The only difference between them concerns the consequence of a typo remaining. If the paper is a borderline A/A- paper, a typo might mean Ankita gets an A- rather than an A. But the grade doesn’t matter to her; she’s already been accepted into a good graduate program next year so long as she gets above a C. But Bojan’s instructor is a stickler for spelling. Any typo and he gets a C on the paper. And he has a very lucrative scholarship that he loses if he doesn’t get at least a B on this paper. (Compare the Typo-Low and Typo-High examples in Pinillos (2012, 199).)

The intuition that helps IRI is that Ankita knows she has no typos in her paper, and should turn it in, while Bojan does not know this, and should do a third (and perhaps fourth or fifth) check. Contextualists have a hard time explaining this; in this very context I can say “Ankita knows her paper has no typos, but Bojan does not know his paper has no typos.” If the intuition is right, it seems to support interest-relativity, since the difference in practical situation between Ankita and Bojan seems best placed to explain their epistemic difference. Alternatively, if there is a single context within which one can truly say "Ankita knows her paper has no typos’‘, and’‘Bojan does not know his paper has no typos’’, that’s again something an interest-invariant contextualism can’t explain. Either way, we have an argument from cases for a form of interest-relativity.

The argument from principles takes off from the idea that knowledge plays an important role in good deliberation, and that knowledge does not require maximal confidence. It is easiest to introduce with an example, though note that we aren’t going to rely on epistemic intuitions about the example. Chika looked at the baseball scores last night before going to bed and saw that the Red Sox won. She remembers this when she wakes up, though she knows that she does sometimes misremember baseball scores. She is then faced with the following choice: take the red ticket, which she knows pays $1 if the Red Sox won last night, and nothing otherwise or the blue ticket, which she knows pays $1 iff 2+2=4, and nothing otherwise. Now consider the following principle, named by Jessica Brown (2014):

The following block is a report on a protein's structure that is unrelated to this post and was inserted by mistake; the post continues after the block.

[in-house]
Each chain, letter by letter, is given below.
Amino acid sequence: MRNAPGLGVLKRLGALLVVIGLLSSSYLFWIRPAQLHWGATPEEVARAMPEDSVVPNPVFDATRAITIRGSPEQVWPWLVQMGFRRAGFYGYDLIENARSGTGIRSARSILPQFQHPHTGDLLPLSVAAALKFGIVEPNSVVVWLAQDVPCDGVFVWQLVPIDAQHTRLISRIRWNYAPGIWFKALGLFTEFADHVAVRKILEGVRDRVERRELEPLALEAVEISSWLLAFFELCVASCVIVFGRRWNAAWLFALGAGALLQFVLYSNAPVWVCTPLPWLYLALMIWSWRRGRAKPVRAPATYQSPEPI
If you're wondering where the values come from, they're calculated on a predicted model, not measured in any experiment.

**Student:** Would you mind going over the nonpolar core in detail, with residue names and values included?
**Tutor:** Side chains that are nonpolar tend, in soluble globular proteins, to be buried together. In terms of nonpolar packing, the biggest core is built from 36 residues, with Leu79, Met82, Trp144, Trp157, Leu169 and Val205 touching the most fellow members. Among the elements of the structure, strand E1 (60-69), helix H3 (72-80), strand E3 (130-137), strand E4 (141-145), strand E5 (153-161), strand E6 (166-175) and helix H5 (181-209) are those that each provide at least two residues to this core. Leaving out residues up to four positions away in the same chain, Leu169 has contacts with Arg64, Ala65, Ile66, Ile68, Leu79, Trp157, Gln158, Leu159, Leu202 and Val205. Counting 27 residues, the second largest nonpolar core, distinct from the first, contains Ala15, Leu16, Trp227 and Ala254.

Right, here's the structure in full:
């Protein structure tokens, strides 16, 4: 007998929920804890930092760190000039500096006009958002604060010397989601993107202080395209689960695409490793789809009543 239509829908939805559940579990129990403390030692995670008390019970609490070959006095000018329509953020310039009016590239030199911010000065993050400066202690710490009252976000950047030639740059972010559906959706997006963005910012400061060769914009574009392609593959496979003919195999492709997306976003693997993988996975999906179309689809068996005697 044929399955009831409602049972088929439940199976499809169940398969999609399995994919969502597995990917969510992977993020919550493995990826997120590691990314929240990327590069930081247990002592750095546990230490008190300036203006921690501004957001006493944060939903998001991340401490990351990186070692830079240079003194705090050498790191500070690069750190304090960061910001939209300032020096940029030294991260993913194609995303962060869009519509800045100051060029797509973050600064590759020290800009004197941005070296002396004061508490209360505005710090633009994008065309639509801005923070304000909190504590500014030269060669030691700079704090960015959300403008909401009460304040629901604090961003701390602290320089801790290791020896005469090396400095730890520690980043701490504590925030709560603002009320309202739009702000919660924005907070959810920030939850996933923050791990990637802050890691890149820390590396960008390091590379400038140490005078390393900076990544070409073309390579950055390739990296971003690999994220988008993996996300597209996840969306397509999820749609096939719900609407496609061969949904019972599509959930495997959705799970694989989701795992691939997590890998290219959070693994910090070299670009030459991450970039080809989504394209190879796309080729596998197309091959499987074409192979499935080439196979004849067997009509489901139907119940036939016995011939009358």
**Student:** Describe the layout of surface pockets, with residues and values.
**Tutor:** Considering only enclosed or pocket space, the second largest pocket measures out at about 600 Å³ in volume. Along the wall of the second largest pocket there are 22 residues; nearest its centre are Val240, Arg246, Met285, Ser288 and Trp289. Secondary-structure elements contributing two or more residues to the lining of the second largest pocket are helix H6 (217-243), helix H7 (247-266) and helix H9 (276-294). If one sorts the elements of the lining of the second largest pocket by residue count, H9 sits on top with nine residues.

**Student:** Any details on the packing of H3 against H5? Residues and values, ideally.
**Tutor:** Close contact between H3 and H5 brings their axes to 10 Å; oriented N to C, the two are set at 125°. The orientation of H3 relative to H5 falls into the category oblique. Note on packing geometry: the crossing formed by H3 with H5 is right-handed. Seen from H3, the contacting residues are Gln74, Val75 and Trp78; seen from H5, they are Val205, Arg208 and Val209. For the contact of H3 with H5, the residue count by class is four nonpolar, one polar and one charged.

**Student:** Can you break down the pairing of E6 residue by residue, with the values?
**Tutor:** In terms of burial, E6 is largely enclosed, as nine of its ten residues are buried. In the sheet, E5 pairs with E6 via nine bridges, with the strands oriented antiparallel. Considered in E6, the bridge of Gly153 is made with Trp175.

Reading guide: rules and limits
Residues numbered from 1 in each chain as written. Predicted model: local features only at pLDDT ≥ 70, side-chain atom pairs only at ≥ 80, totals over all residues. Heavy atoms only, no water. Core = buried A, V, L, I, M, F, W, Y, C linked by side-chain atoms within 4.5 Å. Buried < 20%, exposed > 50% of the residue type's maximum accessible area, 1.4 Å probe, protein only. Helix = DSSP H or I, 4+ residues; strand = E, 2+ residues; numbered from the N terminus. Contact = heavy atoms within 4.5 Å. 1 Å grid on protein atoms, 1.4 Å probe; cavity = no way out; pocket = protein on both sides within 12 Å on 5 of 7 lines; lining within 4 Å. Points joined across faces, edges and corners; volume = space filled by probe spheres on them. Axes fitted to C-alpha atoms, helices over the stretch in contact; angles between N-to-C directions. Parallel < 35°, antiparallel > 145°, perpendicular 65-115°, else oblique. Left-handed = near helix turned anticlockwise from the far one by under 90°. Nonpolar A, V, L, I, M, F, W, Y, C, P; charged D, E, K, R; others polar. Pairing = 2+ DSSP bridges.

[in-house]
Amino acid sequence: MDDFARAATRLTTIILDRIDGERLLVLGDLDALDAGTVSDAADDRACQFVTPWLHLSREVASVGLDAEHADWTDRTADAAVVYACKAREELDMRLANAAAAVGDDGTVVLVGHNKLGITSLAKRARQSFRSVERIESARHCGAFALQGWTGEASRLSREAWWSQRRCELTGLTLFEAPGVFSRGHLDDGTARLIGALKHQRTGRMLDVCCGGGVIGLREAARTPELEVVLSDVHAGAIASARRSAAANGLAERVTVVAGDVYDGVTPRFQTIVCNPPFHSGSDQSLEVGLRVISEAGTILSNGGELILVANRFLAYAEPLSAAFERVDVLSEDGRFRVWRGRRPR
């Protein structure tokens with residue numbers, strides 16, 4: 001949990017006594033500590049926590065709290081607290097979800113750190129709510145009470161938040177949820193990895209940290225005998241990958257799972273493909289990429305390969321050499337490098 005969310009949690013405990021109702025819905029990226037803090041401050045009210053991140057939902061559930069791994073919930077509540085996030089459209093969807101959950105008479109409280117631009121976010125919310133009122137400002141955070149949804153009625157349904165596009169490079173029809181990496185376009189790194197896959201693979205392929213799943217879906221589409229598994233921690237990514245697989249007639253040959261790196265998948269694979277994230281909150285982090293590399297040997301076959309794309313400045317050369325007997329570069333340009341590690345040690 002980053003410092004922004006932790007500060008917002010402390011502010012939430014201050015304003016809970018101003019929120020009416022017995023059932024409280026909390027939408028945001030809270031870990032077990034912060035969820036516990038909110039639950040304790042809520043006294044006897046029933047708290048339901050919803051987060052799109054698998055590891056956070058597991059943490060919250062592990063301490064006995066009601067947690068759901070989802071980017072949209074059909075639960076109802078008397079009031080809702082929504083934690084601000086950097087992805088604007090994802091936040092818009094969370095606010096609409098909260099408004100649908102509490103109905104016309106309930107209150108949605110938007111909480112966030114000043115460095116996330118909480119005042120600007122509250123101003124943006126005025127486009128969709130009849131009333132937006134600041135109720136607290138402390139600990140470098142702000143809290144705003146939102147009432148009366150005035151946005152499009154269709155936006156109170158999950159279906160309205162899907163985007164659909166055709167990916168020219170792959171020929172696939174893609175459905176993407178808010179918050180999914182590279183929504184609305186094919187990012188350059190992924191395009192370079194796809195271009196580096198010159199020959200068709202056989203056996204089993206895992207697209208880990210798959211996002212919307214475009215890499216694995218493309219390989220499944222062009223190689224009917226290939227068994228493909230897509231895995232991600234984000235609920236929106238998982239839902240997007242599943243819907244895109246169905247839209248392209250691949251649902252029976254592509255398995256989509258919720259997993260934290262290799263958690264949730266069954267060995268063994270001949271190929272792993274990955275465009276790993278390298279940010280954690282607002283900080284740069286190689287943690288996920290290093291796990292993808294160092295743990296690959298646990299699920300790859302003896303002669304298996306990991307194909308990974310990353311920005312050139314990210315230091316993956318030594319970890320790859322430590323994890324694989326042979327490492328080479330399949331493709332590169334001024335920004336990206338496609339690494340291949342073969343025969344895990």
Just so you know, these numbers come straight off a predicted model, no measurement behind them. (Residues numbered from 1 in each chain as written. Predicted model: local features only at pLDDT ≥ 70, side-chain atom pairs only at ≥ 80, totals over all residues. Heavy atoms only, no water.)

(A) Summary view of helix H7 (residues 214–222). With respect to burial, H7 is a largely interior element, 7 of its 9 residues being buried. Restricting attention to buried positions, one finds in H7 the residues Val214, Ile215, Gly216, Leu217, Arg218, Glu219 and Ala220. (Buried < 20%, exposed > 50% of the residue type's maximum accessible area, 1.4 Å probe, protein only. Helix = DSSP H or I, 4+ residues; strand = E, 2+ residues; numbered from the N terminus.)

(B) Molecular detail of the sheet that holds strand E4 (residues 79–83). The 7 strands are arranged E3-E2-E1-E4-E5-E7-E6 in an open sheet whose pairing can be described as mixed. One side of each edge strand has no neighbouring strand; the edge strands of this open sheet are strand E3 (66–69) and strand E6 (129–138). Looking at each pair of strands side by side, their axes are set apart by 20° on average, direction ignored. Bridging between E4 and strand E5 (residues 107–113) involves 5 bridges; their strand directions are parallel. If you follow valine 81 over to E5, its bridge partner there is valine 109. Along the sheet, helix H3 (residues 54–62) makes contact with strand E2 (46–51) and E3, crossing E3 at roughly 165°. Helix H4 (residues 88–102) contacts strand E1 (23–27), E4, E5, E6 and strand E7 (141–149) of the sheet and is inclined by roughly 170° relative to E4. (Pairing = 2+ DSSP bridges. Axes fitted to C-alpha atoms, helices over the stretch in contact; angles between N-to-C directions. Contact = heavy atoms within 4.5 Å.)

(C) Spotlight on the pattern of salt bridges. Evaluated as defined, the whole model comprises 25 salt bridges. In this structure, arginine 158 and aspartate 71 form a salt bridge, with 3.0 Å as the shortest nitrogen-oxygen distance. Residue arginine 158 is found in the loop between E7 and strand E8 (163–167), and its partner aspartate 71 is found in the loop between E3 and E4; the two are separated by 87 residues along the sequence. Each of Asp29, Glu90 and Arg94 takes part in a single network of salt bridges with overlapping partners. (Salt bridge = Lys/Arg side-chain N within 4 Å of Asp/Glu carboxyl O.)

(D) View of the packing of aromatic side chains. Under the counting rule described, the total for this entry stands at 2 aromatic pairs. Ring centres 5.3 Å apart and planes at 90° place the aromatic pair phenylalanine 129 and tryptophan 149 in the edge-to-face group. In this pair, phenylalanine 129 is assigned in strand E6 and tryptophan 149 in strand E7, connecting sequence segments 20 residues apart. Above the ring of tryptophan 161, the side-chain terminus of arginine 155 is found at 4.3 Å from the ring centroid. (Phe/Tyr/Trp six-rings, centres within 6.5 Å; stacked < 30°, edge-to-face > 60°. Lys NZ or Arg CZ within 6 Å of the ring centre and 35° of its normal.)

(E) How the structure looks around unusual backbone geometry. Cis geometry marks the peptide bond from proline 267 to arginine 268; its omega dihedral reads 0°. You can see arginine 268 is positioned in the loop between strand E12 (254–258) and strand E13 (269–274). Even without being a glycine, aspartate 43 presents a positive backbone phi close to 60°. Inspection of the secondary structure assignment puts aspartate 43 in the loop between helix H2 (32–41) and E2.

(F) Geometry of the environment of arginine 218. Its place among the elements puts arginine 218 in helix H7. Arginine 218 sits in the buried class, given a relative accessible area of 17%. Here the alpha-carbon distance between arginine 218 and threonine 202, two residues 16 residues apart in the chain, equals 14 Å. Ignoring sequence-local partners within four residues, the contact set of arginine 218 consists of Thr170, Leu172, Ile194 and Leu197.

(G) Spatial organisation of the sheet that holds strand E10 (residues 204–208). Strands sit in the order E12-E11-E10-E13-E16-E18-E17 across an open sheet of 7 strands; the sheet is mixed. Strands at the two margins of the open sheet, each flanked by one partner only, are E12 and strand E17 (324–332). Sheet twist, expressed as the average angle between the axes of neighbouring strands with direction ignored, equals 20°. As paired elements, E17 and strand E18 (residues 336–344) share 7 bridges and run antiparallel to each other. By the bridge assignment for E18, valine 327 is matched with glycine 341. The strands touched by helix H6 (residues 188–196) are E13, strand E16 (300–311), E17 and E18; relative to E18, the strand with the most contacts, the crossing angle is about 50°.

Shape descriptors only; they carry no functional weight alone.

If S knows that p, then S can rationally take p as given in practical deliberation.

The following trio seems to be inconsistent:

  1. Chika knows the Red Sox won last night.

  2. Chika is rationally required to take the blue ticket.

  3. K-Suff is true.

By 1 and 3, Chika can take for granted that the Red Sox won last night. So the value of the red ticket, for her, is equal to its value conditional on the Red Sox winning. And that is $1. So it is at least as valuable as the blue ticket. So she can’t be rationally required to take the blue ticket. Hence the three propositions are inconsistent.

This is worrying for two reasons. For one thing, it is intuitive that Chika knows that the Red Sox won. For another thing, it seems this form of argument generalises. For almost any proposition at all, if Chika knows the red ticket pays out iff that proposition is true, she should prefer the blue ticket. So she knows very little.

How could this argument be resisted? One move, which we’ll return to frequently, is to deny K-Suff. Maybe Chika’s knowledge that the Red Sox won is insufficient; she needs to be certain, or to have some higher order knowledge. But denying K-Suff alone will not explain why Chika should take the blue ticket. After all, if K-Suff is false, the fact that Chika knows the payout terms of the tickets is not in itself a reason for her to choose the blue ticket.

So perhaps we could deny that she is rationally required to choose the blue ticket. This does seem extremely unintuitive to me. Intuitions around here do not seem maximally reliable, but this is a strong enough intuition to make it worthwhile to explore other options.

And IRI provides a clever way out of the dilemma. Chika does not know the Red Sox won last night. But she did know that, before the choice was offered. Once she has that choice, her knowledge changes, and now she does not know. The intuition that she knows is explained by the fact that relative to a more normal choice set, she can take the fact that the Red Sox won as a given. And scepticism is averted because Chika does normally know a lot; it’s just in the context of strange choices that she loses knowledge.

The plotline here, that principles connecting knowledge and action run up against anti-sceptical principles in contrived choice situations, and that IRI provides a way out of the tangle, is familiar. It is, simplifying greatly, the argumentative structure put forward by Hawthorne (2004), and by Fantl and McGrath (2002, 2009), and by Weatherson (2012). It does rely on intuitions, but they are intuitions about choices (such as that Chika should choose the blue ticket), not about knowledge directly.

Some discussions of IRI, especially that in Hawthorne and Stanley (2008) use a converse principle. Again following the naming convention suggested by Jessica Brown (2014), we’ll call this K-Nec.


An agent can properly use p as a reason for action only if she knows that p.

I’ll mostly set the discussion of K-Nec aside here, since my preferred argument for IRI, the argument from Chika’s case, merely relies on K-Suff. But it is interesting to work through how K-Nec helps plug a gap in the argument by cases for IRI.